Criton is building apps for 200+ hotels
Criton is an award-winning guest engagement and integrations platform that simplifies digital transformation, enabling hoteliers to deliver the perfect digital guest journey and maximize in-stay spend.
Criton is using Codemagic to build apps for 200+ hotels. Additionally, they run daily unit tests and nightly technical builds to test the integrity of their codebase.
Criton has a team of 15 that covers development, QA, support, product management, and customer experience. Eight team members use Codemagic regularly. Four developers use it for technical builds and unit tests, and four team members use it for triggering client app publications. “Thanks to Codemagic, any of our team members can trigger a production-level build,” said Alan Hannah, who’s a development manager at Criton.
Continuous integration and delivery is vital for Criton’s operations
“The CI/CD service is vital to our operations from many vectors. For our developers, it’s an instrumental part of their workflow. At Criton, we use Codemagic for unit tests and technical builds. We can ensure that code introduced to the codebase is stable before release,” said Alan Hannah.
Alan sees that CI/CD is vital to ensure that Criton:
- has consistency in build environments
- has/gets rapid feedback for developers
- has an asynchronous publishing process
- can scale their business
- has the flexibility and scalability to adapt to demand and platform changes
Since the start of the UK’s COVID-19 lockdown in March, Criton has seen a huge increase in demand for their product. Criton averaged three distinct app publications per day during the peak of the pandemic.
“We have written our own back-office platform in Python/Django. The back office allows customization of apps for each client. We can then trigger the build and publication process via the Codemagic API,” said Alan Hannah.
Working with clients and YAML in Codemagic
Criton is triggering white-label builds via the Codemagic API.
The Codemagic engineering team helped Criton to manage their release pipeline for their white-label customers in a single workflow rather than overloading the .yaml file with thousands of lines of boilerplate code. They can reuse parts of the configuration, define an environment variable, and re-write the parts with the Codemagic API. Criton uses this to manage multiple flavors for customers.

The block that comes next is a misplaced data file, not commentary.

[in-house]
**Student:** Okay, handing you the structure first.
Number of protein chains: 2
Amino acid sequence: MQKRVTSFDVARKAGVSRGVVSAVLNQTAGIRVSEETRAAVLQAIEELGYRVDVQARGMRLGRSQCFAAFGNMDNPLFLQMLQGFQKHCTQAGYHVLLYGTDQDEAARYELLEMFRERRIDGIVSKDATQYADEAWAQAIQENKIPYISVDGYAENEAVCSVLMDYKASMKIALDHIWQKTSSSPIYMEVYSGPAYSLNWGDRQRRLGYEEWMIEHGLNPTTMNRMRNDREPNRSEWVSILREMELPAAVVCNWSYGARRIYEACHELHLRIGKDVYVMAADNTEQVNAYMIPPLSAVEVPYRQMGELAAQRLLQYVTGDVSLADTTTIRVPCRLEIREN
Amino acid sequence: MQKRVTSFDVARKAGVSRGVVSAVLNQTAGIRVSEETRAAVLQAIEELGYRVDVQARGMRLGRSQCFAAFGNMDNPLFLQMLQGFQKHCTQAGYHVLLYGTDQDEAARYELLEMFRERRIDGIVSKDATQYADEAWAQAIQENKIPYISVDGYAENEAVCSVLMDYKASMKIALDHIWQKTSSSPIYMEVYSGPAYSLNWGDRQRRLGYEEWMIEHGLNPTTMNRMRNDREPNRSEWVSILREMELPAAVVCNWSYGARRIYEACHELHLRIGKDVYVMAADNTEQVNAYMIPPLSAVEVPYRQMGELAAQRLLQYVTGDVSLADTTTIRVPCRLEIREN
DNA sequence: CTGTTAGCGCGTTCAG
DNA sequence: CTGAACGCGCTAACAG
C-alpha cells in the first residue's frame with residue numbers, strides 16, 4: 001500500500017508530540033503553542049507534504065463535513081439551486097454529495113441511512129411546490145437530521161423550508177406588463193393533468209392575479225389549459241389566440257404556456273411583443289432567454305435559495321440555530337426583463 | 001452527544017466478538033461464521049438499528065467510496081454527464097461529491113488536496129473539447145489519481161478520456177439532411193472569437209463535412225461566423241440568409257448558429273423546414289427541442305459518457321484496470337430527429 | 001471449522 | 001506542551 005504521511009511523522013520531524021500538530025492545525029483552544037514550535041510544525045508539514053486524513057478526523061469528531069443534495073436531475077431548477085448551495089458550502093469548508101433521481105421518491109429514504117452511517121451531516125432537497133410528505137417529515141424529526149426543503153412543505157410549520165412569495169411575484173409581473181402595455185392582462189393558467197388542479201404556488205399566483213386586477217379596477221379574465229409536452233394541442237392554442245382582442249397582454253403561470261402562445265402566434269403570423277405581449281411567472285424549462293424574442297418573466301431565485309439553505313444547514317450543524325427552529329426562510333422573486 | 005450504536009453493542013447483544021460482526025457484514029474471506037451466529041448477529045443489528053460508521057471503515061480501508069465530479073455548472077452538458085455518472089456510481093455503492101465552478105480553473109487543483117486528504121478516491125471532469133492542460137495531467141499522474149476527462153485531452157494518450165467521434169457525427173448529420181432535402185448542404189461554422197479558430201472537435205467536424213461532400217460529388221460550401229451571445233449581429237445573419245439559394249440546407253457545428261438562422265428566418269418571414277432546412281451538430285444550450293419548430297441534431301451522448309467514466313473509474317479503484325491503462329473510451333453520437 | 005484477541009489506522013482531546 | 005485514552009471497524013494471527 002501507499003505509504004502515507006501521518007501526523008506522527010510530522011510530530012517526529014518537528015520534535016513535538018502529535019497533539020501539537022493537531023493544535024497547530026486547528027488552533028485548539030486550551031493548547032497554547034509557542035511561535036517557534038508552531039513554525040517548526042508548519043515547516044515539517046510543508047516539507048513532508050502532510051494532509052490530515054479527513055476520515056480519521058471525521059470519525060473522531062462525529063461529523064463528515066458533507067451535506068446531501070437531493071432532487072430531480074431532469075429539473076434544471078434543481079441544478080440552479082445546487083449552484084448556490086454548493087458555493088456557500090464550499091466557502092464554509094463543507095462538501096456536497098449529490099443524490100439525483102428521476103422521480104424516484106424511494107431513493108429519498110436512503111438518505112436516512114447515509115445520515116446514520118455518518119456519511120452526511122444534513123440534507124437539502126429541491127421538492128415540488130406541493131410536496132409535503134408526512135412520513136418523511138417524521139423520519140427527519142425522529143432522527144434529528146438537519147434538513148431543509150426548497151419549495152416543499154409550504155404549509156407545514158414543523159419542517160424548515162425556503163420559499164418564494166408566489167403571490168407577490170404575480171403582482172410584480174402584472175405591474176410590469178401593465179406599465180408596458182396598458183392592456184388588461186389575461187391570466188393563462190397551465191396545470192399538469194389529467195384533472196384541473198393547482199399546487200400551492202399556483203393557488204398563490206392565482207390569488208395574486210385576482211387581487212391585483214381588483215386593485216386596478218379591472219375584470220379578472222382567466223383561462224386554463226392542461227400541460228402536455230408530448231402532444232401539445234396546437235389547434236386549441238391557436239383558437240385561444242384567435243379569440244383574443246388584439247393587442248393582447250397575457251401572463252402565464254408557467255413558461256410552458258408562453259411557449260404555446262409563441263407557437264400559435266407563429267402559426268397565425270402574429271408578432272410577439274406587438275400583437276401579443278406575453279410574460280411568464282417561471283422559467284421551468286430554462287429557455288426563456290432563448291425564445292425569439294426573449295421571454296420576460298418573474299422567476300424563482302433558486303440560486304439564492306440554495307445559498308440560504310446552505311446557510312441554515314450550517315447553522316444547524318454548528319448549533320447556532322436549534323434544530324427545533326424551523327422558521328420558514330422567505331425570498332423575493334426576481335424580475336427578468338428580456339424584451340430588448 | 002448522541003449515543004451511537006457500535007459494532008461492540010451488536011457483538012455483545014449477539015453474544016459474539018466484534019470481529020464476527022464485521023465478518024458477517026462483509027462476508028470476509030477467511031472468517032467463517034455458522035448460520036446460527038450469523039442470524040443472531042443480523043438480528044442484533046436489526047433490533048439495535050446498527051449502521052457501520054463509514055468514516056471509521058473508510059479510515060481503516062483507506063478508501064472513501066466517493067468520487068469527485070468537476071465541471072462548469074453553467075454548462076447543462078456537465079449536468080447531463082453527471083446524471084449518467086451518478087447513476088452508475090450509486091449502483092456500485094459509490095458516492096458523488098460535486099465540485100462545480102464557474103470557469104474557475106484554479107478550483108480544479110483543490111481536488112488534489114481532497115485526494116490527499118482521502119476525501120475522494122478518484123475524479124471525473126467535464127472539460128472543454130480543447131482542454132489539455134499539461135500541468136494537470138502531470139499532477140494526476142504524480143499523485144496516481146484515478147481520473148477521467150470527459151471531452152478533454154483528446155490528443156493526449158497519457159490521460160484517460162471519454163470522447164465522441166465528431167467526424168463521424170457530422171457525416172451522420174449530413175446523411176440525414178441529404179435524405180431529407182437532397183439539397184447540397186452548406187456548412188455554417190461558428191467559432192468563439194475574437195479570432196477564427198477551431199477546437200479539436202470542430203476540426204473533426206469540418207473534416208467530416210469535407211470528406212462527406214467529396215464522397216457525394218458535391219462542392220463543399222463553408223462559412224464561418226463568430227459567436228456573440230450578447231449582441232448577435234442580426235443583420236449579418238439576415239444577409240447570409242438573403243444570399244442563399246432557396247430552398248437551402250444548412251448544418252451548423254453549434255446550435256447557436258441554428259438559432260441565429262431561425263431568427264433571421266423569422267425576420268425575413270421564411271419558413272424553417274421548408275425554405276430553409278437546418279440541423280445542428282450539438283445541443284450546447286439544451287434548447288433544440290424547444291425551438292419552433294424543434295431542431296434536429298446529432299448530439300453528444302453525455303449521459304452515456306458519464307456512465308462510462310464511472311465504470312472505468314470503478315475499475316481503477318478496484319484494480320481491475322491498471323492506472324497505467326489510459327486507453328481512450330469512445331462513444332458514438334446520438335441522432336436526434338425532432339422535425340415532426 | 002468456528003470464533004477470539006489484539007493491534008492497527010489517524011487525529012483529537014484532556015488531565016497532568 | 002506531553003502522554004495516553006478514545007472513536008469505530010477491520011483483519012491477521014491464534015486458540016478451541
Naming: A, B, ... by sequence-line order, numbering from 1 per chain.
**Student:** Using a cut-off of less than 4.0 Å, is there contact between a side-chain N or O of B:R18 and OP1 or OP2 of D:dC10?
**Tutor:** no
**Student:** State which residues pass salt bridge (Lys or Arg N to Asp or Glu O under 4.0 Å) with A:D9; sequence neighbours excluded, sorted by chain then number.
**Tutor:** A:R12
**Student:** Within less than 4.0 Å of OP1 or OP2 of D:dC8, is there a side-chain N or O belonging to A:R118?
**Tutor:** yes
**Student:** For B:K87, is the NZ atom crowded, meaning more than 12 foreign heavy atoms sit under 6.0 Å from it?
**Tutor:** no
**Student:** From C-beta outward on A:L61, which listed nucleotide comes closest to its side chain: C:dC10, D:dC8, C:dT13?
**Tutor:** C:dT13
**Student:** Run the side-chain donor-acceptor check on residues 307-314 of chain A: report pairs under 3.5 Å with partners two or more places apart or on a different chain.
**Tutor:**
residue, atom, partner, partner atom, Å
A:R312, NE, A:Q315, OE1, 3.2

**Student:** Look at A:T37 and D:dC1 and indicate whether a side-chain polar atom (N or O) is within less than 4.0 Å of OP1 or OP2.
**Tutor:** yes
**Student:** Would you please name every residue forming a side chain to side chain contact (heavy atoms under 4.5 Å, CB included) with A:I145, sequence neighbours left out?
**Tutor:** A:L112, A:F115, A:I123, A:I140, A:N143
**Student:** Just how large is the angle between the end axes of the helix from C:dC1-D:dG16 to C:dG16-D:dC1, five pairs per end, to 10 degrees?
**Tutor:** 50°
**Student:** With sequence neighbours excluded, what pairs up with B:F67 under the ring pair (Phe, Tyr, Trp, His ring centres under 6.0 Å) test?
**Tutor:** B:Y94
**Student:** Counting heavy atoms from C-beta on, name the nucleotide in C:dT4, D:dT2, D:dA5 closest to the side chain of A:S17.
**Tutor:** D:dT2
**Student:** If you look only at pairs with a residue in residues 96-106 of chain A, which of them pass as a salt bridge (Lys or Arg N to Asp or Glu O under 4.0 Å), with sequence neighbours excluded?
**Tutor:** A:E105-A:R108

What impressed the Criton dev team the most was the very straightforward setup of the project. “We established a proof of concept via the Codemagic dashboard. We then moved to codemagic.yaml configuration for greater control over the build process,” said Alan. “We spoke to the team at Codemagic to discuss our requirements. The team then enabled some extra API fields that we required.”
For example, in a workflow defining a script:
&build_appbundle name: Build appbundle script: | cd $APP_DIR flutter build appbundle --release --flavor=production -t lib/main.dart
Can be called elsewhere by using the * notation. For example:
Scripts: cd $FCI_BUILD_DIR *build_appbundle
Criton team developers and QA engineers also really enjoy that they can test on a device without having to build the app themselves.
Codemagic is saving Criton 84% of time – 700 app versions within 7 days instead of 45 days
Before they worked with Codemagic, it would have taken Criton around 90 minutes per client to build and publish apps to the iOS and Android stores. According to Alan, the process required a level of technical knowledge.
“We spent around six weeks in total developing and refining tooling that triggers app publication with the Codemagic API. We’ve reduced the amount of time it takes to trigger an app publication to around 15 minutes or less. The 15 minutes is the manual effort to check the configuration before publication.
The actual time taken to build the clients’ applications on the Codemagic VMs has also been reduced to 35–45 minutes,” Alan Hannah explained.
Criton has also used other CI/CD tools. “We used other CI/CD tools for unit-test validation and publishing. The lack of joined-up processes for testing and deployment was a huge missing feature for us,” said Alan.
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